BlackBerry Ltd. is seeking to win back once-devoted customers by bringing back a popular set of command keys that the company had abandoned with the launch of a new family of smartphones this past year.
Sources familiar with the company say chief executive officer John Chen will announce Tuesday at a mobile industry conference in Barcelona that the Waterloo, Ont.-based company will restore its trademark "belt" of five function keys that sat between the screen and keyboard.
This includes a trackpad and other keys that allowed users to easily navigate between different applications. The belt will appear later this year on phones powered by the BlackBerry 10 operating system.
A company spokesman declined to confirm the announcement. In a recent interview, to be published later this week in Report on Business Magazine, Mr. Chen said that future BlackBerry 10 smartphones "will have some of the features our power-users love" but were not included on the first phones launched a year ago on the platform, the all-touchscreen Z10 and the Q10, which features both a keyboard and touchscreen.
The change is more than a feature upgrade: It is a symbolic gesture. By bringing back the belt and pledging to focus on devices with keyboards, Mr. Chen, who joined the company this past November, is attempting to make amends with BlackBerry's loyal business and government customers.
These enterprise users were the core of the BlackBerry business but became less of a priority during the company's failed attempt to compete in the consumer market dominated by touch-screen Apple and Android phones.
Discarding the belt was one of many changes the company made with BlackBerry 10, alienating long-time devotees, contributing to high product returns and exacerbating a three-year decline in handset sales. Many BlackBerry customers instead opted for older, more familiar phones like the Bold, even though the Internet browsing experience and availability of apps was inferior to that offered on the new platform.
"We missed one step, which was to educate the market up front" about how different the BlackBerry 10 devices were from its past smartphones, Mr. Chen said. "We [thought] that if we built it, everybody will love it."
Mr. Chen's decision to appease long-time enterprise users, particularly in government and "regulated" industries such as banks, insurance and health care, is based on a belief that there are enough of them who still prefer BlackBerry for its strengths – including a better, more accurate typing experience and a secure network – to secure a base and rebuild a sustainable business in a narrower niche.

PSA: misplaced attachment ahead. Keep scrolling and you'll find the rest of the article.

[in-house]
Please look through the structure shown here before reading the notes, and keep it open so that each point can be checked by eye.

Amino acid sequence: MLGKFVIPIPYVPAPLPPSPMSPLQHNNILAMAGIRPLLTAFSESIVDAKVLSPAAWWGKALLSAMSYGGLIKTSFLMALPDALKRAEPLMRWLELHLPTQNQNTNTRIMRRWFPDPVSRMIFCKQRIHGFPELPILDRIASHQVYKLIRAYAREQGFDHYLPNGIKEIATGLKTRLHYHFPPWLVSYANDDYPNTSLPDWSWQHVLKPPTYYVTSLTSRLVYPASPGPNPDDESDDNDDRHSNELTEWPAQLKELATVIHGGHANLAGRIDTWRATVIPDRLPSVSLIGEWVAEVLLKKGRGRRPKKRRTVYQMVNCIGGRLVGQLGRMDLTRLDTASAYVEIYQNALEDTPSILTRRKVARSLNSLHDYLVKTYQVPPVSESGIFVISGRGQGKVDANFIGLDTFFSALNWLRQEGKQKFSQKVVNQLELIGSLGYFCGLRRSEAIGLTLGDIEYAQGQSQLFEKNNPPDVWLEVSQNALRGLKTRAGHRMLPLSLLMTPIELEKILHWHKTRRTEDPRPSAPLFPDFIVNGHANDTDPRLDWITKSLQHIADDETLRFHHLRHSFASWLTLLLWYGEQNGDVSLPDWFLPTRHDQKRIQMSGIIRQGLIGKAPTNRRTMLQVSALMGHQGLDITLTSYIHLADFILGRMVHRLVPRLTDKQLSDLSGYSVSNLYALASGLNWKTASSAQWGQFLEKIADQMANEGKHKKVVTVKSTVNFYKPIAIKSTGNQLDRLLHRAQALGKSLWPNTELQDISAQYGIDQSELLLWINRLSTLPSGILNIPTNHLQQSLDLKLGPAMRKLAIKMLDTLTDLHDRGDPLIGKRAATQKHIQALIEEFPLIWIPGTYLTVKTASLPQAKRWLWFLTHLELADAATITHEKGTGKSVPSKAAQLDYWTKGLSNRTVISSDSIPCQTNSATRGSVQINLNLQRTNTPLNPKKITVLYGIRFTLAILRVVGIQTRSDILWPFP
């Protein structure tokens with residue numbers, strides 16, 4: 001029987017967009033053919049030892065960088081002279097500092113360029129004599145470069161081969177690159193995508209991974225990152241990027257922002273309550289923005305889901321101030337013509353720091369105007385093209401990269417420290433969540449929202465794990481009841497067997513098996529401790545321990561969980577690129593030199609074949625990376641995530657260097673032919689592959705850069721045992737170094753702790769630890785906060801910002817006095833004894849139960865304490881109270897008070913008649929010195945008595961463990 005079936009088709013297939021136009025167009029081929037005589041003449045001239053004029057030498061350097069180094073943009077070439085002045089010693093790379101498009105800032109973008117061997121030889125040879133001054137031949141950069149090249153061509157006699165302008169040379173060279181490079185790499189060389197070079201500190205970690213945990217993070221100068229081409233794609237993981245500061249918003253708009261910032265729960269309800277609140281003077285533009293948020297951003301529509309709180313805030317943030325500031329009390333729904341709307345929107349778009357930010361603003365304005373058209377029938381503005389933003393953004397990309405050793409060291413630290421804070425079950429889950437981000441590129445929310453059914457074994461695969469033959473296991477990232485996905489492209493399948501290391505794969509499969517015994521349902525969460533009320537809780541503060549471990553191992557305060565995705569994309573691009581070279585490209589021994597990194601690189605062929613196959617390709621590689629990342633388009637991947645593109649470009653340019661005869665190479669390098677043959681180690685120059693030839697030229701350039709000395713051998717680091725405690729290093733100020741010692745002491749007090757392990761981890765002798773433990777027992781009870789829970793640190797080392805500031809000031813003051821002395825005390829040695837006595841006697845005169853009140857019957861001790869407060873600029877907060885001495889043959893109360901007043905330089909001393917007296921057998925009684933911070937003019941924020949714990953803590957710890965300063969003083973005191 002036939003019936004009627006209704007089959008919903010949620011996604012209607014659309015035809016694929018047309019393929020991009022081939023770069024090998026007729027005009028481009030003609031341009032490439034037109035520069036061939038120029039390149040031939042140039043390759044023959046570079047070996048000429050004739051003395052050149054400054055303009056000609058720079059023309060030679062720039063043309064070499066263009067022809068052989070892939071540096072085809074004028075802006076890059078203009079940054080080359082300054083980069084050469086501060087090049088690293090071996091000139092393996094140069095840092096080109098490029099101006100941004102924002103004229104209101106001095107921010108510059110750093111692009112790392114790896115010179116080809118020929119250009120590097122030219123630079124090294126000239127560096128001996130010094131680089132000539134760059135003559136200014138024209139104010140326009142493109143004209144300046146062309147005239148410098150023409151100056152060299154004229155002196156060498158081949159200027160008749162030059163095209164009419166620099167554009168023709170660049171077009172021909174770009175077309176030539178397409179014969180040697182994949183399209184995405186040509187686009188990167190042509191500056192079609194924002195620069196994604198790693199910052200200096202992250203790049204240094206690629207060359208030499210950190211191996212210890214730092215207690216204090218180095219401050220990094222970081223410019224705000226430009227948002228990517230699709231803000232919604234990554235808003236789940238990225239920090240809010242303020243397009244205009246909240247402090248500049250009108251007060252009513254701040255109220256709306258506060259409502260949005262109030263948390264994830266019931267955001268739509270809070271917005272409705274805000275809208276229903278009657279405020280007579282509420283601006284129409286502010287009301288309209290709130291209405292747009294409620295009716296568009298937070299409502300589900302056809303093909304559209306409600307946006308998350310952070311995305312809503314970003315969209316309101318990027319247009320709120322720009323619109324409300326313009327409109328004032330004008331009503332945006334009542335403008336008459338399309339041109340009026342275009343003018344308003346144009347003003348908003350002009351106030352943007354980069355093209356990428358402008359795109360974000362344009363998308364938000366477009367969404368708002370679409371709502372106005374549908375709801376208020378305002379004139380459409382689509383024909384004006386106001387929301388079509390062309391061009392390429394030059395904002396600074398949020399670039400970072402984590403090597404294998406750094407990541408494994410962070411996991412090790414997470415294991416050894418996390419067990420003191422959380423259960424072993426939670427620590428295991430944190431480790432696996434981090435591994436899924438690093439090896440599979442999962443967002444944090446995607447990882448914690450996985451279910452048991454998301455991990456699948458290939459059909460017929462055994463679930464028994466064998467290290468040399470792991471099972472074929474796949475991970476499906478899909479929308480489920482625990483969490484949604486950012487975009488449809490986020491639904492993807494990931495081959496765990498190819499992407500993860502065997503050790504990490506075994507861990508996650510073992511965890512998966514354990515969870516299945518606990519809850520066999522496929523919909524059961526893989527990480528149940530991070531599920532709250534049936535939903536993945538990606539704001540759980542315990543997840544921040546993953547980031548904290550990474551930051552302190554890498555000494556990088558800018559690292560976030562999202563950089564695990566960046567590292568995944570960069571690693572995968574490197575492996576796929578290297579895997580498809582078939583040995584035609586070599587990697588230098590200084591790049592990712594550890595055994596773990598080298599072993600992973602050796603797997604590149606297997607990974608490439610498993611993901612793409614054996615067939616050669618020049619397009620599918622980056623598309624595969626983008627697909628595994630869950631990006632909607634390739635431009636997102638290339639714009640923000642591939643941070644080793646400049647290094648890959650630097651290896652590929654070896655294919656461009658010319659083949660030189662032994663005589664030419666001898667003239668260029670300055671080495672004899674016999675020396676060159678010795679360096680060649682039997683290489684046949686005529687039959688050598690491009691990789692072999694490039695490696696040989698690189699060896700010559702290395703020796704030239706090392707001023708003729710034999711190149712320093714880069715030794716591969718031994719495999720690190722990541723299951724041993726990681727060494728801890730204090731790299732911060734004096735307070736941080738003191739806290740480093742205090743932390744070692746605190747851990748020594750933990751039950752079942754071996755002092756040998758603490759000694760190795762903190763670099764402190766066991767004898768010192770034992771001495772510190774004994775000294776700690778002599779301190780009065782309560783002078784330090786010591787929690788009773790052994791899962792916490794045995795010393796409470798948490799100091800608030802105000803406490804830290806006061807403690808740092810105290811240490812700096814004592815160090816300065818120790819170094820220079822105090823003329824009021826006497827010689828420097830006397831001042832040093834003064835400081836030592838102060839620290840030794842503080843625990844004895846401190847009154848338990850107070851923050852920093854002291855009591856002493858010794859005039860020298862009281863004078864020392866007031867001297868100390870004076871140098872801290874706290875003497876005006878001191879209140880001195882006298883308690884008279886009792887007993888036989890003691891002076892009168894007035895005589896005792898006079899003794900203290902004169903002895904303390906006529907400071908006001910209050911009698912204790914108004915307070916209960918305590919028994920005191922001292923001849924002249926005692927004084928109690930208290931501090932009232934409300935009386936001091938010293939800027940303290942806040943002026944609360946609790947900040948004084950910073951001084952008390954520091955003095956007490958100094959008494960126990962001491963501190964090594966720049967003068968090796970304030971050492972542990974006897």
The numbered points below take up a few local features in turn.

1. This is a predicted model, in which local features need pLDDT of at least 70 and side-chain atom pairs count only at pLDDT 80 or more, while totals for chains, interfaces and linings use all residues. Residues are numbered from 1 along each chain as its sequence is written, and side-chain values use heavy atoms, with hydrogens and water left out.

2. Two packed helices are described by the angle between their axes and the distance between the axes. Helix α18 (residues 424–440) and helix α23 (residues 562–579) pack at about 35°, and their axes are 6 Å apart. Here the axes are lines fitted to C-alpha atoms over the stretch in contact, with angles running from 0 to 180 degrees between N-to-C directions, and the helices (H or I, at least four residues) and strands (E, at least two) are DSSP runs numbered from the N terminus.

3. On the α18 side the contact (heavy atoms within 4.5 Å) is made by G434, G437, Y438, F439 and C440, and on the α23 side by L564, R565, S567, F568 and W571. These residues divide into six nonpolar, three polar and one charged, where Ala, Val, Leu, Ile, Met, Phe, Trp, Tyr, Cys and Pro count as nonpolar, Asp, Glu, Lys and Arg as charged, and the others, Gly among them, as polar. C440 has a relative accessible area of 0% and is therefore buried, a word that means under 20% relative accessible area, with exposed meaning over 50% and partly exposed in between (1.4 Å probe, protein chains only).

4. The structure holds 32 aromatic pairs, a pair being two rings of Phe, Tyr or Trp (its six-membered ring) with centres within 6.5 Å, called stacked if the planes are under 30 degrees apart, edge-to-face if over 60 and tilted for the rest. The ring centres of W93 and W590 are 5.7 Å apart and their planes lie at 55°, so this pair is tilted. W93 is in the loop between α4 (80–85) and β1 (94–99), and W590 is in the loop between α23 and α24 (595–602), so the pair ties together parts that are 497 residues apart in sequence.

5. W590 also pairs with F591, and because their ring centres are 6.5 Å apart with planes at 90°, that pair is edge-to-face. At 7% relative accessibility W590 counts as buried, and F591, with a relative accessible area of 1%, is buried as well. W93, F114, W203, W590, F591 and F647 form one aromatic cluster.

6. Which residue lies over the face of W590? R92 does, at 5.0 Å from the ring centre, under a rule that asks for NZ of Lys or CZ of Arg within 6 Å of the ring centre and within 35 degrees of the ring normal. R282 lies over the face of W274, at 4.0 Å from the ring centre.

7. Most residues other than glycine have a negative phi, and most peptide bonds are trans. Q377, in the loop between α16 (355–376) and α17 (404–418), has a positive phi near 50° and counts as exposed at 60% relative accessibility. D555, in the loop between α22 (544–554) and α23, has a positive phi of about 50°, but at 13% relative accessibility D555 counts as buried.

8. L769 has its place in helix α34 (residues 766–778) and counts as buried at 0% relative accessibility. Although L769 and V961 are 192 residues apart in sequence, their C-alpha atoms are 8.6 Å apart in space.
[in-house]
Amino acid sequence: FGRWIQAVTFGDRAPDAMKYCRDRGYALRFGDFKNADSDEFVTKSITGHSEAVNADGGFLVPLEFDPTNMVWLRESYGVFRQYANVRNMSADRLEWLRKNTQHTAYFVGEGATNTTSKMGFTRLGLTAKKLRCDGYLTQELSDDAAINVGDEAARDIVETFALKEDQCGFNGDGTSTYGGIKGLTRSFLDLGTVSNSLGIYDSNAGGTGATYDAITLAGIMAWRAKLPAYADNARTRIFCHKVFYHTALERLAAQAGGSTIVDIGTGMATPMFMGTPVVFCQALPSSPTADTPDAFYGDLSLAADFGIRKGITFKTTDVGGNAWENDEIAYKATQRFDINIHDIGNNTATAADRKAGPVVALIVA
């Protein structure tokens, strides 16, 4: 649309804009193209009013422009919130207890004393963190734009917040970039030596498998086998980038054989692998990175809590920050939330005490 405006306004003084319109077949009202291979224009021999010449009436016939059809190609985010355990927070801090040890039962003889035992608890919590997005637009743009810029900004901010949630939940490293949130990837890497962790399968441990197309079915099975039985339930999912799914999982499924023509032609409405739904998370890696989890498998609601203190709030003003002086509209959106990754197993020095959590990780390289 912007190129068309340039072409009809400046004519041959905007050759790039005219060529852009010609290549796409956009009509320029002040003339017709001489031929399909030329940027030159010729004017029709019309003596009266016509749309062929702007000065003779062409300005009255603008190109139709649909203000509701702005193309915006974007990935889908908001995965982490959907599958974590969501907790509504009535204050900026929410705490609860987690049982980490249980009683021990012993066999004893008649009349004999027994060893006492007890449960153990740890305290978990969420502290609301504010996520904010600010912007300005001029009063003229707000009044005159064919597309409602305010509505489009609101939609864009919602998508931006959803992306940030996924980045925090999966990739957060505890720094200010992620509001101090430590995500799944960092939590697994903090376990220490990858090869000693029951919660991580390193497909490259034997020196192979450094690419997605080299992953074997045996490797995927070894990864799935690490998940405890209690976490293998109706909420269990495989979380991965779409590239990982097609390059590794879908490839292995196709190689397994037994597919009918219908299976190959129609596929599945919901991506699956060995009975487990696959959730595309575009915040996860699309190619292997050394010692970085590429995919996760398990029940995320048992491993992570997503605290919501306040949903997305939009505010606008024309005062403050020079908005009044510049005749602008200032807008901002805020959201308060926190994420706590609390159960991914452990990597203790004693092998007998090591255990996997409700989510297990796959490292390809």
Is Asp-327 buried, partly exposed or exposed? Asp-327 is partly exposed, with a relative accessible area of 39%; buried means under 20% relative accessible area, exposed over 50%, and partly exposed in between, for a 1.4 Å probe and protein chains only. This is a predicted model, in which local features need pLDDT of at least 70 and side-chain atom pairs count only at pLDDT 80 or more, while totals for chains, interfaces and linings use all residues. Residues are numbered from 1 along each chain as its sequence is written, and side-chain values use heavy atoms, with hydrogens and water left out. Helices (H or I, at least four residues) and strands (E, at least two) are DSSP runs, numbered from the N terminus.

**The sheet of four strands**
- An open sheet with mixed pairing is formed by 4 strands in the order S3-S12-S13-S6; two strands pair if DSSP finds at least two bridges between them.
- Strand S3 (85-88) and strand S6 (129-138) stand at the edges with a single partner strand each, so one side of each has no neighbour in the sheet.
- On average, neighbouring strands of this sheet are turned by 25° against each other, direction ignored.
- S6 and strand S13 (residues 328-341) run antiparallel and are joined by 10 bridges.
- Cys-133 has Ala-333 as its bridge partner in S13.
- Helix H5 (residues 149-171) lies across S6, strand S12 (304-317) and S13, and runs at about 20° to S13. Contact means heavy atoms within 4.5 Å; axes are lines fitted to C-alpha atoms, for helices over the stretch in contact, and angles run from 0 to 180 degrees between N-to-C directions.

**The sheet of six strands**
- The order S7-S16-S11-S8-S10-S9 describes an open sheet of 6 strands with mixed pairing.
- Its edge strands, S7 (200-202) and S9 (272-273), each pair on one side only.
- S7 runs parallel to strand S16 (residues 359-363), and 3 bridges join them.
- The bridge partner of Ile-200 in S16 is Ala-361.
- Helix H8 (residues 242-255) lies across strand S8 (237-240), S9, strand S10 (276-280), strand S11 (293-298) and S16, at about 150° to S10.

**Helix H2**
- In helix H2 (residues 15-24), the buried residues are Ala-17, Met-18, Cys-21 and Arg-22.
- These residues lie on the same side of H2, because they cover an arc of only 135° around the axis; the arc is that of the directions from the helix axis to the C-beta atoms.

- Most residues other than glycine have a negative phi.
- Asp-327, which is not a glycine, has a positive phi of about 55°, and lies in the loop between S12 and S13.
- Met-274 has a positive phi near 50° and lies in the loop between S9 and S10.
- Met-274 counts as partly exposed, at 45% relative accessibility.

Jefferies analyst Peter Misek said he's "not surprised" BlackBerry is bringing back the belt, but added: "I wonder if it just doesn't matter any more, if it's too late. I guess there's a group of BlackBerry users for whom that is a big deal, and it's a smart thing to keep them happy" after their disappointment with the Q10. "It symbolizes some bad decisions were made" with the first BlackBerry 10 devices by "not listening to their users."
While the company has bought some breathing room with a refinancing, an early tax refund and a deal to offload manufacturing and inventory risk to Taiwanese giant Foxconn Technology Group, Mr. Chen faces many challenges. The company's base of customers, revenues and cash flows is expected to continue declining for several quarters. Several rivals have been stealing enterprise customers who rely on BlackBerry to manage fleets of smartphones used by their employees.
Meanwhile, the market is still digesting the impact of this past week's blockbuster $19-billion (U.S.) purchase of mobile instant messaging service WhatsApp by Facebook. BlackBerry created the mobile chat business this past decade with its BlackBerry Messenger application, but ceded its lead to WhatsApp and others by not making BBM available to non-BlackBerry device users until this past fall. Former CEO Jim Balsillie had pushed internally to create a "cross-platform" version of BBM three years ago and have carriers offer it as a replacement for basic text messaging. But successor Thorsten Heins killed the initiative in early 2012 over fears BlackBerry users would stop buying its smartphones. That happened anyway, while WhatsApp and other rivals surpassed BBM in popularity.